My fellow logophiles, please enjoy this short video by John Green and Mental Floss.
Singin’ in the Rain is one of my favorite movies, at least in part due to Lina Lamont, who is one of the greatest underrated comic characters I’ve seen on film. Every once in a while, you realize something awful about a book, movie, or song that you’ve loved since you were an uncritical child: this is actually kind of shitty to women. Upon reflection, the treatment of Lina Lamont, which is played for laughs, is pretty damn shitty. Will this stop me from ever watching Singin’ in the Rain again? No. Will this make me a little sad when I do watch it again? Probably.
If you’ve ever been by my Pinterest, you may have noticed that I enjoy Mid-Century Modern decorating. I want this kitchen so much, it almost makes me overlook that whole detail of not wanting to own a house.
If you got all the way through the GeekVice podcast that I was on, you may have heard me suggest reading Pretty Deadly. If you’ve already read Pretty Deadly, good for you! If you haven’t, go read it now! The artwork is gorgeous and the story is compelling. Why am I bringing this up? Pretty Deadly is coming back in September! You’ll want to be all the way caught up before it returns, won’t you?
If you want to see all the stories I like and find worth sharing, please visit my Newsblur.
via Episode 66 – YouTube.
Oh hey, did I mention I was going to be on the Geekvice podcast?
So…I was on the Geekvice podcast. We discussed comics, women in comics, my recent post about 50 Shades of Grey, and I might have cursed a few times and talked about porn. You know, like you do.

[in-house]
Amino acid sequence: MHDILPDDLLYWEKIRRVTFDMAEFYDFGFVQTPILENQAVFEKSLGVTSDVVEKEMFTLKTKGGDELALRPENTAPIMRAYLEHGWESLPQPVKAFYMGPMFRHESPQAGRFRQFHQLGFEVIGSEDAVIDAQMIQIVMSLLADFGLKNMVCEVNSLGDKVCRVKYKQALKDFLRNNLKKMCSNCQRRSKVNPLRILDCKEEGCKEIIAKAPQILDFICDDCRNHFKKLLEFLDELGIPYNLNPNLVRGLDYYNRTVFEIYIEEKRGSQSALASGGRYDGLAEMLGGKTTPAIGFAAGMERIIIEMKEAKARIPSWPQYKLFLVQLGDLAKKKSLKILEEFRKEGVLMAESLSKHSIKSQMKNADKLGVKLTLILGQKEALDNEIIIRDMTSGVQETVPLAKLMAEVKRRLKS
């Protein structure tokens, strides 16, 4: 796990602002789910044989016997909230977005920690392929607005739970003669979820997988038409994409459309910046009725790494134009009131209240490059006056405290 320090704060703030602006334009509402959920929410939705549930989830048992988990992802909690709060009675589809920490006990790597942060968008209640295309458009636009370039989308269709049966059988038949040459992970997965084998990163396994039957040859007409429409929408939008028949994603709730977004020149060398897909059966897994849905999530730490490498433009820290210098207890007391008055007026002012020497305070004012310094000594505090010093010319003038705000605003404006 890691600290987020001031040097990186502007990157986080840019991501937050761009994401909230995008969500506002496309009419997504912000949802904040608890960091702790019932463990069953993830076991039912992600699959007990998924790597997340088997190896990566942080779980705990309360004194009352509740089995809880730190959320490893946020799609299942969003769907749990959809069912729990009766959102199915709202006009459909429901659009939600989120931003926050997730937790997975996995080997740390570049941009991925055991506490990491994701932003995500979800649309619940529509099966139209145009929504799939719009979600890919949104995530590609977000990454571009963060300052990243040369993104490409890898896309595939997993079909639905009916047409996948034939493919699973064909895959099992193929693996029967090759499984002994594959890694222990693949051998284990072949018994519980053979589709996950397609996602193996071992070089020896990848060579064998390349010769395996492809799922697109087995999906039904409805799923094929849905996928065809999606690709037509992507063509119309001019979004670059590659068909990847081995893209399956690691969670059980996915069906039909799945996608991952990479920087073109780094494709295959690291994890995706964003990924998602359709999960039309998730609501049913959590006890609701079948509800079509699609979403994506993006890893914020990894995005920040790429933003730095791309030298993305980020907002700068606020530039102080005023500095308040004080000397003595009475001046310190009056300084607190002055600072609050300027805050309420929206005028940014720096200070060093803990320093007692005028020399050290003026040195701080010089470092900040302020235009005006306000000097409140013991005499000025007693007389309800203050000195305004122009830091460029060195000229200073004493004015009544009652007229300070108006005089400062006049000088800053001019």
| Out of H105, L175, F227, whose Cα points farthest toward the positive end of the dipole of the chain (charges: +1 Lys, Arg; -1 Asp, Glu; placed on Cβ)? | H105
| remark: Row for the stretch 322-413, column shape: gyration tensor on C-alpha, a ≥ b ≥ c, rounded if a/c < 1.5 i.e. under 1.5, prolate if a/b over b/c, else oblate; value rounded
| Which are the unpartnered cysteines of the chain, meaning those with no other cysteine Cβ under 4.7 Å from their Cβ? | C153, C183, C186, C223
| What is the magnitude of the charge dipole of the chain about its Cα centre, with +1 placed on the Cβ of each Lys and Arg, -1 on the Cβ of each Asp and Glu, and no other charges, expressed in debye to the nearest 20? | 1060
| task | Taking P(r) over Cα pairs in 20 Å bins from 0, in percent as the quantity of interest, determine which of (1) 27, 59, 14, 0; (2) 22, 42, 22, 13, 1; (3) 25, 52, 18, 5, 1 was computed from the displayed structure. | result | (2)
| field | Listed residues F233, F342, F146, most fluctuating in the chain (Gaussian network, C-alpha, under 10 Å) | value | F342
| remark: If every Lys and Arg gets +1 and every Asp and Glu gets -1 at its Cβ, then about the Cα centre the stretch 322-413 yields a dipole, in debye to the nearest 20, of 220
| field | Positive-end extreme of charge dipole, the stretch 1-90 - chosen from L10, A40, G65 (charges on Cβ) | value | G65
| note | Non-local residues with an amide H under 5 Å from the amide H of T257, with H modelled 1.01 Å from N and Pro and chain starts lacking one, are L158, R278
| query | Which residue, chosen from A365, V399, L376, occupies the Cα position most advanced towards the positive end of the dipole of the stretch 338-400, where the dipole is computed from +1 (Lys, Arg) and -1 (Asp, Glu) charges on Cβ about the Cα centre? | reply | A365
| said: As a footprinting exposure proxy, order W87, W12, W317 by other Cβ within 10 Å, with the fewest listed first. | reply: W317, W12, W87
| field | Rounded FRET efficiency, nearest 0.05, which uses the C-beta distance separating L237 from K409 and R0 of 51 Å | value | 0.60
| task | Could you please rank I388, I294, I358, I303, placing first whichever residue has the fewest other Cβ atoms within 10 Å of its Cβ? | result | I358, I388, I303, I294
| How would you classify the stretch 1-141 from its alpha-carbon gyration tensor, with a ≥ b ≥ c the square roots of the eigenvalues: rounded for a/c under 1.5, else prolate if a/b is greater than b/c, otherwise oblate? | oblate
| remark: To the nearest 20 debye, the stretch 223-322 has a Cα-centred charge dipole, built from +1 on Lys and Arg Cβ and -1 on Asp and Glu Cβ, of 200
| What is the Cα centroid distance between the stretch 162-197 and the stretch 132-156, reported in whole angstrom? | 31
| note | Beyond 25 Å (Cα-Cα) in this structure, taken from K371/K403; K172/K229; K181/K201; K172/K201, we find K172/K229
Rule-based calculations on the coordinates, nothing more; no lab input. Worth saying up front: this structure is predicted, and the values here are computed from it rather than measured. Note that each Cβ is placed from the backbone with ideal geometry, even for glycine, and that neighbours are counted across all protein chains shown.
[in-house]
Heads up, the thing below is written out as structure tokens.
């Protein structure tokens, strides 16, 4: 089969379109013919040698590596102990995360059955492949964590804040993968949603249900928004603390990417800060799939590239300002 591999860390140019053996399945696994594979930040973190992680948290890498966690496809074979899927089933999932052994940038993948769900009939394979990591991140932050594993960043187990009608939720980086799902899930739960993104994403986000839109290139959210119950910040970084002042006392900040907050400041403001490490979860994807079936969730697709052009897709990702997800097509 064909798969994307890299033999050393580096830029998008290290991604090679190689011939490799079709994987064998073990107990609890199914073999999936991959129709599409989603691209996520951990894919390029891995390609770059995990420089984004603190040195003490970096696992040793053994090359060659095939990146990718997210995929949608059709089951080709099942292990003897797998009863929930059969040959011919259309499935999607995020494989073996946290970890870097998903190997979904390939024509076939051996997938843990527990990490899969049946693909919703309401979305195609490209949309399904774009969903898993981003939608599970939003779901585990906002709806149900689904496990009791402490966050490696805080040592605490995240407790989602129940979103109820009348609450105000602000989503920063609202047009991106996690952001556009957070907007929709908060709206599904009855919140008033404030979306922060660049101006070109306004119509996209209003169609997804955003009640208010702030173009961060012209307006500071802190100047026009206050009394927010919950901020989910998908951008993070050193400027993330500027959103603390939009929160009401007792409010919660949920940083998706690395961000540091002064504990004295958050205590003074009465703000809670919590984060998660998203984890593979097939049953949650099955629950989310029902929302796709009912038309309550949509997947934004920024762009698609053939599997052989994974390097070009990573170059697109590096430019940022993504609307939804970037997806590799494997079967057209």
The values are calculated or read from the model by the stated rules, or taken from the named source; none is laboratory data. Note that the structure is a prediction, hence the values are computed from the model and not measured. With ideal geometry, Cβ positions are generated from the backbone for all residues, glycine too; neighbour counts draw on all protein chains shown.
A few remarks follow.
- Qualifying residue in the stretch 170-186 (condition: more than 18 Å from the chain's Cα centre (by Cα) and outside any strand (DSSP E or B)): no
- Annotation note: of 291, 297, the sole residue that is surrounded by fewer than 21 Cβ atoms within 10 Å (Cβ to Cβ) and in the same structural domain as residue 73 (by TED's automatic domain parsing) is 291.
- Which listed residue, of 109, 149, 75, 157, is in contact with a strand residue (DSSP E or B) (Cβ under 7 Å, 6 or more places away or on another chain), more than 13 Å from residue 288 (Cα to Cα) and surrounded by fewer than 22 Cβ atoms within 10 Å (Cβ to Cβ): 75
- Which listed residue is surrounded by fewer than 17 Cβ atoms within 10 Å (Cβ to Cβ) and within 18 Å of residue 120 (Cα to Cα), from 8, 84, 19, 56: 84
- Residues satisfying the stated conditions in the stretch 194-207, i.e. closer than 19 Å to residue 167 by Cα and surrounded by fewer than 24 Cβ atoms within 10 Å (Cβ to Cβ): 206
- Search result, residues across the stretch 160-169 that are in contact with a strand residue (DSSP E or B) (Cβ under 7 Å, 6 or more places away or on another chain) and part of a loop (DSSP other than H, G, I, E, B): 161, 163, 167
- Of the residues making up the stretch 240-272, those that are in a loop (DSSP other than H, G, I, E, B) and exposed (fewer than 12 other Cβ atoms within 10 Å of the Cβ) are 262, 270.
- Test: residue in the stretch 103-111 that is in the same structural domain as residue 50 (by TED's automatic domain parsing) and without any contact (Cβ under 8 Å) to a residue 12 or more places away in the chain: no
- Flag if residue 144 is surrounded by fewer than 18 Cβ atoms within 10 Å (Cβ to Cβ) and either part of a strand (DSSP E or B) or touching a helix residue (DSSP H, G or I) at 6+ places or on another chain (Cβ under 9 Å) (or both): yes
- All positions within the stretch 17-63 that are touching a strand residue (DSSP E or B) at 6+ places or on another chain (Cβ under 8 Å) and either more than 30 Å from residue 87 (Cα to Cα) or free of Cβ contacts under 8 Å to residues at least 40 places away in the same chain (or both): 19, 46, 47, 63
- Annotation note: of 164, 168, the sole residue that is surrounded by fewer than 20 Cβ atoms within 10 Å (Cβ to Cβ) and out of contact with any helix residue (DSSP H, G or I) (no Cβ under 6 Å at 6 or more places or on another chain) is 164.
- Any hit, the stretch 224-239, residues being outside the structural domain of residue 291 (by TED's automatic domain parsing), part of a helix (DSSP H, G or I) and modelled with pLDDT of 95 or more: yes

Anyways. Watch, have fun, maybe go back and check out a few more episodes of Geekvice!
Faith is out of the jungle! Literally. I’m glad that story arc is wrapped up because while some Riley and Sam time is always…um, thrilling, I can only handle it for so long. I feel bad for Faith, because it seems like she’s always trapped in her head and is weighed down by regrets and remorse. Hopefully Nadira’s talk will help her feel better. High points: Fred! Angel and Faith hug! Amy is a rat! Low point: I spent way more time than I wanted to spend contemplating a jar of Warren. Ew.
A random in a crowd criticizing Spike’s poetry might just be the funniest thing ever. Andrew was going to try to resurrect Tara? Good thing Willow talked him out of it–imagine what it would have been like for her to come back after all that time in heaven. Enjoyably snarky moment talking about the Bechdel Test in #10. As always: Damn it, Harmony. At least unicorns are totally real now. High points: Andrew finally came out! Spuffy kiss! Low point: What in the everloving fuck did you just do to yourself, Andrew? Dumbass.
The artwork is still wonderful, but I think this segment really highlights to me how much better Star Wars is on the screen than on the page. There’s a lot of action going on and it kind of jumped around a bit, which I know is a totally normal thing but damn. Bonus points for Han/Leia banter.
Hooray! Kamala, a bunch of lost teenagers and Lockjaw have come out on top. Bonus awesome points to Kamala calling the Inventor a bird, reaching out for help, and gyros for heroes! Seriously though, Ms. Marvel has been consistently great–I find myself laughing out loud, cheering, and saying “Fuck yeah, Kamala!” at least once an issue.
Oh, Clint. Way to put your foot in your mouth before the first page is even half over. Nice brotherly talk there. The fight scene was great (pay attention, Star Wars!), but the ending. Not futzing cool, bro. Speaking of ending, I’m so sad that there’s only one issue left of the Fraction/Aja/Hollingsworth run because everything about this series has been perfection.
Thor and Odinson fight! And then Thor kisses Odinson–so I’m thinking Thor is definitely not Odinson’s mother. Otherwise…awkward. Epically awkward. Odinson did graciously hand over the title of Thor and agreed that she is worthy of Mjölnir, so hopefully that’s the end to that particular bit of friction.